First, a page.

*HELP ME* Major decision/help with alternatives!

<p>So as a backup major from Pre-Med, I've been putting pre-law, which has also interested me. I noticed that some of the colleges i'm interested in do not offer pre-law, and was wondering what major I could put instead?</p>

<p>pre law isn't a major</p>

<p>yeah it is, you can major usually in pre-med, pre-law, pre-pharmacy, and pre-dental (there may be more but those are the most common ones i believe) it just prepares you for law school, med school etc. and the tests to get into them</p>

<p>For all the pre- paths, you can major in whatever you want as long as you get all of the pre-reqs needed for law or medical school. Maybe English, though? That would be useful for law school.</p>

<p>I was just wondering what classes would best prepare me for law school instead of a major geared toward getting into law school... like what should I major in do you know what the pre-reqs are?</p>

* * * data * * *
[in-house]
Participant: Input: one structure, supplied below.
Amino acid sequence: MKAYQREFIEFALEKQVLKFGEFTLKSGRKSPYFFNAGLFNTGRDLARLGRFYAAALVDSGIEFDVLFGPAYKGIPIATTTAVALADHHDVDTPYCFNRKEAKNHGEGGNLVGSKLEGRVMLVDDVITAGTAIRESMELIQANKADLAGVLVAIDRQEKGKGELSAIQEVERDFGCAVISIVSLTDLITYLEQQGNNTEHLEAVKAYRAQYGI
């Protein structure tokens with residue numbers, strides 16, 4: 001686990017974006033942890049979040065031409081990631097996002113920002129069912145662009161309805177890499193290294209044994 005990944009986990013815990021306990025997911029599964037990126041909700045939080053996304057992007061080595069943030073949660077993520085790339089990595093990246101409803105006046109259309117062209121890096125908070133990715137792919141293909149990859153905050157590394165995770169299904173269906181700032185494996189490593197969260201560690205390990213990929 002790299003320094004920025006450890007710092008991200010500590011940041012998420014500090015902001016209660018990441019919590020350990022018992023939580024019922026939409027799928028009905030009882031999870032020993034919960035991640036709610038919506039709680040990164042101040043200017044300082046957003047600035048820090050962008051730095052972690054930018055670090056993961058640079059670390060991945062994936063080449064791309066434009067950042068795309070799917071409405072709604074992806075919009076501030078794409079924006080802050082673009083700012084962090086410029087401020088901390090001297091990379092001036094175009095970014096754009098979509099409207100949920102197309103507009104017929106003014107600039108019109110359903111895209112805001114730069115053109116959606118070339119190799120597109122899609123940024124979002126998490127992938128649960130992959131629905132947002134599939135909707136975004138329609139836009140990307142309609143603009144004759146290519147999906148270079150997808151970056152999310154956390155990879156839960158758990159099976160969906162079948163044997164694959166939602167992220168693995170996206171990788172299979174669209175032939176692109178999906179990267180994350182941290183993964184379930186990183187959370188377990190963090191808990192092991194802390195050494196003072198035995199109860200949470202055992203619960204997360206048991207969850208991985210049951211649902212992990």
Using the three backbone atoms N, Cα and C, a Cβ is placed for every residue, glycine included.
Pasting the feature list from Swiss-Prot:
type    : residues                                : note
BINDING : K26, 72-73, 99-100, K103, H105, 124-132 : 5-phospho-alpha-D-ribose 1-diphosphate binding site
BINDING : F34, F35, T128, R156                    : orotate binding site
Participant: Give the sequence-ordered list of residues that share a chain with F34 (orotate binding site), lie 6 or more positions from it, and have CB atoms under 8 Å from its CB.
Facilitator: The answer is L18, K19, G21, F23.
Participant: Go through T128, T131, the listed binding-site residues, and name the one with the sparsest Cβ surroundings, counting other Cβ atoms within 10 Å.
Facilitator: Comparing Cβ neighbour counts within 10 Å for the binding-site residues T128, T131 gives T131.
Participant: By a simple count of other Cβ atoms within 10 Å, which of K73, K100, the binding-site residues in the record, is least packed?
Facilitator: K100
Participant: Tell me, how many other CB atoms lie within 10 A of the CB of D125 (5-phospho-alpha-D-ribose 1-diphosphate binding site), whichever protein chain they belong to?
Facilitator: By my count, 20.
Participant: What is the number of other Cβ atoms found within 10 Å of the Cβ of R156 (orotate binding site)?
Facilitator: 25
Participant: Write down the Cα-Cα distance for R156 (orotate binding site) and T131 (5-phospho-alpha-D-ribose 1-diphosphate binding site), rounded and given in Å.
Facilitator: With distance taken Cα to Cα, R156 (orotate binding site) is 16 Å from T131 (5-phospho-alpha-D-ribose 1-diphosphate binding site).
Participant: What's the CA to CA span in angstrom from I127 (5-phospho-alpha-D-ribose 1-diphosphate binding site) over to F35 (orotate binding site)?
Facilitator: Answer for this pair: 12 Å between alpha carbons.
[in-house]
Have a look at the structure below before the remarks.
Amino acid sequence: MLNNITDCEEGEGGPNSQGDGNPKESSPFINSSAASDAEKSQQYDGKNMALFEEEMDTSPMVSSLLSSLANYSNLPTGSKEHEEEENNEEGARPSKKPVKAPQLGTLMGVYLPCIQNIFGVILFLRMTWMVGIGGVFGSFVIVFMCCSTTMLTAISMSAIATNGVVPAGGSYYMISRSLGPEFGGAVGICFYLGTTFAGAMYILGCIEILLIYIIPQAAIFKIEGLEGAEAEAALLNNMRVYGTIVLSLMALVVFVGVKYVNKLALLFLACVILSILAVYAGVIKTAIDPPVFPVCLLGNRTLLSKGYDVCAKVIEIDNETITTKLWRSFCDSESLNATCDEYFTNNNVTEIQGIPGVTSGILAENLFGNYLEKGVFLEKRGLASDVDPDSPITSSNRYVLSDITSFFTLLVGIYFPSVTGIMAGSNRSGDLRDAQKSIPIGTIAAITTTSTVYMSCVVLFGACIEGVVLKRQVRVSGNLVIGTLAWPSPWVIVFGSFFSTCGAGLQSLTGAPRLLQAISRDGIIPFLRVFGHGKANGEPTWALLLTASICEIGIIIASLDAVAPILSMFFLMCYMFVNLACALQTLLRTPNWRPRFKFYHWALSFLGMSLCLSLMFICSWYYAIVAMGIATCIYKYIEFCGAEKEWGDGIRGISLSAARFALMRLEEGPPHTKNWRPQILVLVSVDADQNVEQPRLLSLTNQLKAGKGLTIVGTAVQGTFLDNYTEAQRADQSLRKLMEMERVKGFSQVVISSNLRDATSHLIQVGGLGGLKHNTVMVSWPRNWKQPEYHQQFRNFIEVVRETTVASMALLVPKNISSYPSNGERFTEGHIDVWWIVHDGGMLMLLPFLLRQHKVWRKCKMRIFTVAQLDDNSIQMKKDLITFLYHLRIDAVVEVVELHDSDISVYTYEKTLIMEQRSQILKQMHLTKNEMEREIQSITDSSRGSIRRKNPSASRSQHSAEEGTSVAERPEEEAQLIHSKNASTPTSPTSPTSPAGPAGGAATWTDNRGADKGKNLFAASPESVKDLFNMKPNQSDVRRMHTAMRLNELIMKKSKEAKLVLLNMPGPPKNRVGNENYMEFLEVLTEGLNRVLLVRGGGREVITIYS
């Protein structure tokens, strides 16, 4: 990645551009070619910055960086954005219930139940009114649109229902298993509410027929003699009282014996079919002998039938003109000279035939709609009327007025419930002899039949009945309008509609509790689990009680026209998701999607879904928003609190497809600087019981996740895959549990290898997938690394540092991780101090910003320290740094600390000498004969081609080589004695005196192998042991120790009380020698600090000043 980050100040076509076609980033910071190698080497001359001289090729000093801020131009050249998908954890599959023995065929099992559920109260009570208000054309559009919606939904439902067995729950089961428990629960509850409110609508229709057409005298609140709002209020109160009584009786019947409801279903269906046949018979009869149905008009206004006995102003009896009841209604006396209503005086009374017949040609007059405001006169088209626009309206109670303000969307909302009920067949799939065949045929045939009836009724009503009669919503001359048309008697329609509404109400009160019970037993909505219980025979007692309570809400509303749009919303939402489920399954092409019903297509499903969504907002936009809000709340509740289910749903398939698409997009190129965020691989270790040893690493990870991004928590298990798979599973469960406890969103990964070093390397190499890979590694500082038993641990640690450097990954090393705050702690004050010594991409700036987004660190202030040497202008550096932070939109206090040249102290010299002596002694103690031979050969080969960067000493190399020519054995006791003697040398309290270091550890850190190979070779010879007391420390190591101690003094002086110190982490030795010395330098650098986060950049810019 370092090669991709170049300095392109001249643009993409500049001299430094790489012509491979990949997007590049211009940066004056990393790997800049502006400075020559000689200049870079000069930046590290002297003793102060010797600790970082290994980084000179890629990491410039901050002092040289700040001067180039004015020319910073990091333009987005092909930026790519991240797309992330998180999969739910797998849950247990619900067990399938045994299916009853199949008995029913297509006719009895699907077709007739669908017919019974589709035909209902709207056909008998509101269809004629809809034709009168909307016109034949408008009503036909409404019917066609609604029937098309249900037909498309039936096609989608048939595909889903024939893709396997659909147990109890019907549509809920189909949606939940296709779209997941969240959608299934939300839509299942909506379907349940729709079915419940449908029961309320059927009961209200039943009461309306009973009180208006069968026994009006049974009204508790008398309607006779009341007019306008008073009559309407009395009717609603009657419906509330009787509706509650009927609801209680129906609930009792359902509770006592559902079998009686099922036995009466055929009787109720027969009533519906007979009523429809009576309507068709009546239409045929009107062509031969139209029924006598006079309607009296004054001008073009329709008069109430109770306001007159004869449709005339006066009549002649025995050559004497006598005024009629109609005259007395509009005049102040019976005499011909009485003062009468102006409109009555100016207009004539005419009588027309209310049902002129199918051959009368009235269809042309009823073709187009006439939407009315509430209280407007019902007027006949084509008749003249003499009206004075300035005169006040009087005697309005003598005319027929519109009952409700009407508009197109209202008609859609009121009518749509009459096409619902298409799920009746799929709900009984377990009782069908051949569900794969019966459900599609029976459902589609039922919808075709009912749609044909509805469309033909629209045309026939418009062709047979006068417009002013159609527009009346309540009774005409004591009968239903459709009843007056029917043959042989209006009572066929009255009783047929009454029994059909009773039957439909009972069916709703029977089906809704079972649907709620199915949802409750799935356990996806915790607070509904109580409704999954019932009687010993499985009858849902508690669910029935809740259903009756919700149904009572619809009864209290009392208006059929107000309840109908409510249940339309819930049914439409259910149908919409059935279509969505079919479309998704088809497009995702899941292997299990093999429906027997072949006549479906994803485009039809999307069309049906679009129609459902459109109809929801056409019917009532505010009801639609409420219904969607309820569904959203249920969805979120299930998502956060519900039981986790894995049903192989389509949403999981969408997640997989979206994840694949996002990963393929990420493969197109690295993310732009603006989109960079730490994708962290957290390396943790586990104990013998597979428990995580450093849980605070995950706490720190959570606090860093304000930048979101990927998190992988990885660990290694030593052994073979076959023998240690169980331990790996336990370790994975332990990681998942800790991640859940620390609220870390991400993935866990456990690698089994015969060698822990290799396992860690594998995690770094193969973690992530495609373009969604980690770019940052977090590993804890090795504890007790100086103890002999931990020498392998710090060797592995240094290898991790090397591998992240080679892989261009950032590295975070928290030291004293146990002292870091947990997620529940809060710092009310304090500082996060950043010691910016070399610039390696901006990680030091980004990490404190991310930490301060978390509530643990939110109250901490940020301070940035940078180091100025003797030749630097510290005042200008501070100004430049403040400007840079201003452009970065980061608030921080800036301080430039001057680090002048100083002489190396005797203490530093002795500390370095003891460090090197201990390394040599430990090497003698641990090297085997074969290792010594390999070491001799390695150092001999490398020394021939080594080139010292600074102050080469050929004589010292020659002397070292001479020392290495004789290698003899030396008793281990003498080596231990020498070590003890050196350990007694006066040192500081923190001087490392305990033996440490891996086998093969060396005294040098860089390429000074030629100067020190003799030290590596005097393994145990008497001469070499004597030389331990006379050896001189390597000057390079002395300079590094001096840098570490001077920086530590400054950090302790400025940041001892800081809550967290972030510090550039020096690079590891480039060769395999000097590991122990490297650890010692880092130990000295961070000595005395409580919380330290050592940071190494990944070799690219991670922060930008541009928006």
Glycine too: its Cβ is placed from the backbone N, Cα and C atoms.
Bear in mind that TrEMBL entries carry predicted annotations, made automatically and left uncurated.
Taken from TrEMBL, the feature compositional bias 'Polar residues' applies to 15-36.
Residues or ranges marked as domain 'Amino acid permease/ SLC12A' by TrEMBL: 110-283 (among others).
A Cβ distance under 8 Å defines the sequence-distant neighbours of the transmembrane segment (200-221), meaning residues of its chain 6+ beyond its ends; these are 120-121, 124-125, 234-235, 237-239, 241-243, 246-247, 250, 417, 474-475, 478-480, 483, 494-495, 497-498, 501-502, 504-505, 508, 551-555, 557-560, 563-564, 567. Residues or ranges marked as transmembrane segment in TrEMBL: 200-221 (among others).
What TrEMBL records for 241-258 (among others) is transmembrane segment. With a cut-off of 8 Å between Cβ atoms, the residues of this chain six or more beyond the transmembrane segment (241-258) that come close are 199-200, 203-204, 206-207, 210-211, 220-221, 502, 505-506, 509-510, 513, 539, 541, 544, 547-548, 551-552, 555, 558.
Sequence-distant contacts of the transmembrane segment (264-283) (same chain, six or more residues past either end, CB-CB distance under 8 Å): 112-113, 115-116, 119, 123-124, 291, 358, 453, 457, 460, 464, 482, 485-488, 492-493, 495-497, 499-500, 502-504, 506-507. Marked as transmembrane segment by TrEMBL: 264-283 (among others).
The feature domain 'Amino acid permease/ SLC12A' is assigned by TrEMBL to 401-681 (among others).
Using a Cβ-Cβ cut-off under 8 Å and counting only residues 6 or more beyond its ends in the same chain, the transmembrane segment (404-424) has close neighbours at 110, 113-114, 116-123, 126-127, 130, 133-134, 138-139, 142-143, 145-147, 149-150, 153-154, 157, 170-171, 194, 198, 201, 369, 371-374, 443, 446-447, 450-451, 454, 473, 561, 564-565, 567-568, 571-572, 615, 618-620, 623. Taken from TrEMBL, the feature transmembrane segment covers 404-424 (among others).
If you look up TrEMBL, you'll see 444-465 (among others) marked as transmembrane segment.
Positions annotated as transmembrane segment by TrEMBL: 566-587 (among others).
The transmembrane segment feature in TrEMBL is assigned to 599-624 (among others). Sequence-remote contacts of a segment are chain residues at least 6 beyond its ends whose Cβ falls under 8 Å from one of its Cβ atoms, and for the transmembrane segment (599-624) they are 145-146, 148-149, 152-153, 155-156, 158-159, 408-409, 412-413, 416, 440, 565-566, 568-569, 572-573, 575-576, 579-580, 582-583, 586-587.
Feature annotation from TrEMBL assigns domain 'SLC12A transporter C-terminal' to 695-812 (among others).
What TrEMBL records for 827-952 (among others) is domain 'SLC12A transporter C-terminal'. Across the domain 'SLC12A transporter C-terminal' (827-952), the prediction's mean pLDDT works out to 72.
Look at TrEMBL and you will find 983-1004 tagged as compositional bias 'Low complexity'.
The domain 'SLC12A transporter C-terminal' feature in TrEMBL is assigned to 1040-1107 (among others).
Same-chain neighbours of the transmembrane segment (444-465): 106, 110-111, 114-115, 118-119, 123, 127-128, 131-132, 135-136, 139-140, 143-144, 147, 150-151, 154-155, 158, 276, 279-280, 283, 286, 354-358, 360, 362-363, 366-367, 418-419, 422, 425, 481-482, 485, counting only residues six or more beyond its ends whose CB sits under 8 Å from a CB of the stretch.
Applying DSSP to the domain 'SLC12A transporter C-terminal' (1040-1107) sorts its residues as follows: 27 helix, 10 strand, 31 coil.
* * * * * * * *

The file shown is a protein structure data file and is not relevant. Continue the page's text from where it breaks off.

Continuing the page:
<p>There are no pre-reqs to law. Build a curriculum that makes you develop critical thinking skills and then do well on the LSAT.</p>

<p>economics
philosophy</p>

<p>I dont think there are pre reqs besides getting good grades and lsat</p>

<p>A lot of law students studied history or political science as undergrads, but I know one who was a chemical engineer!
The previous posters are correct, pre-law is not typically a major. It is helpful if the college has a good advising program for "pre" students (law, medical, dental etc.).</p>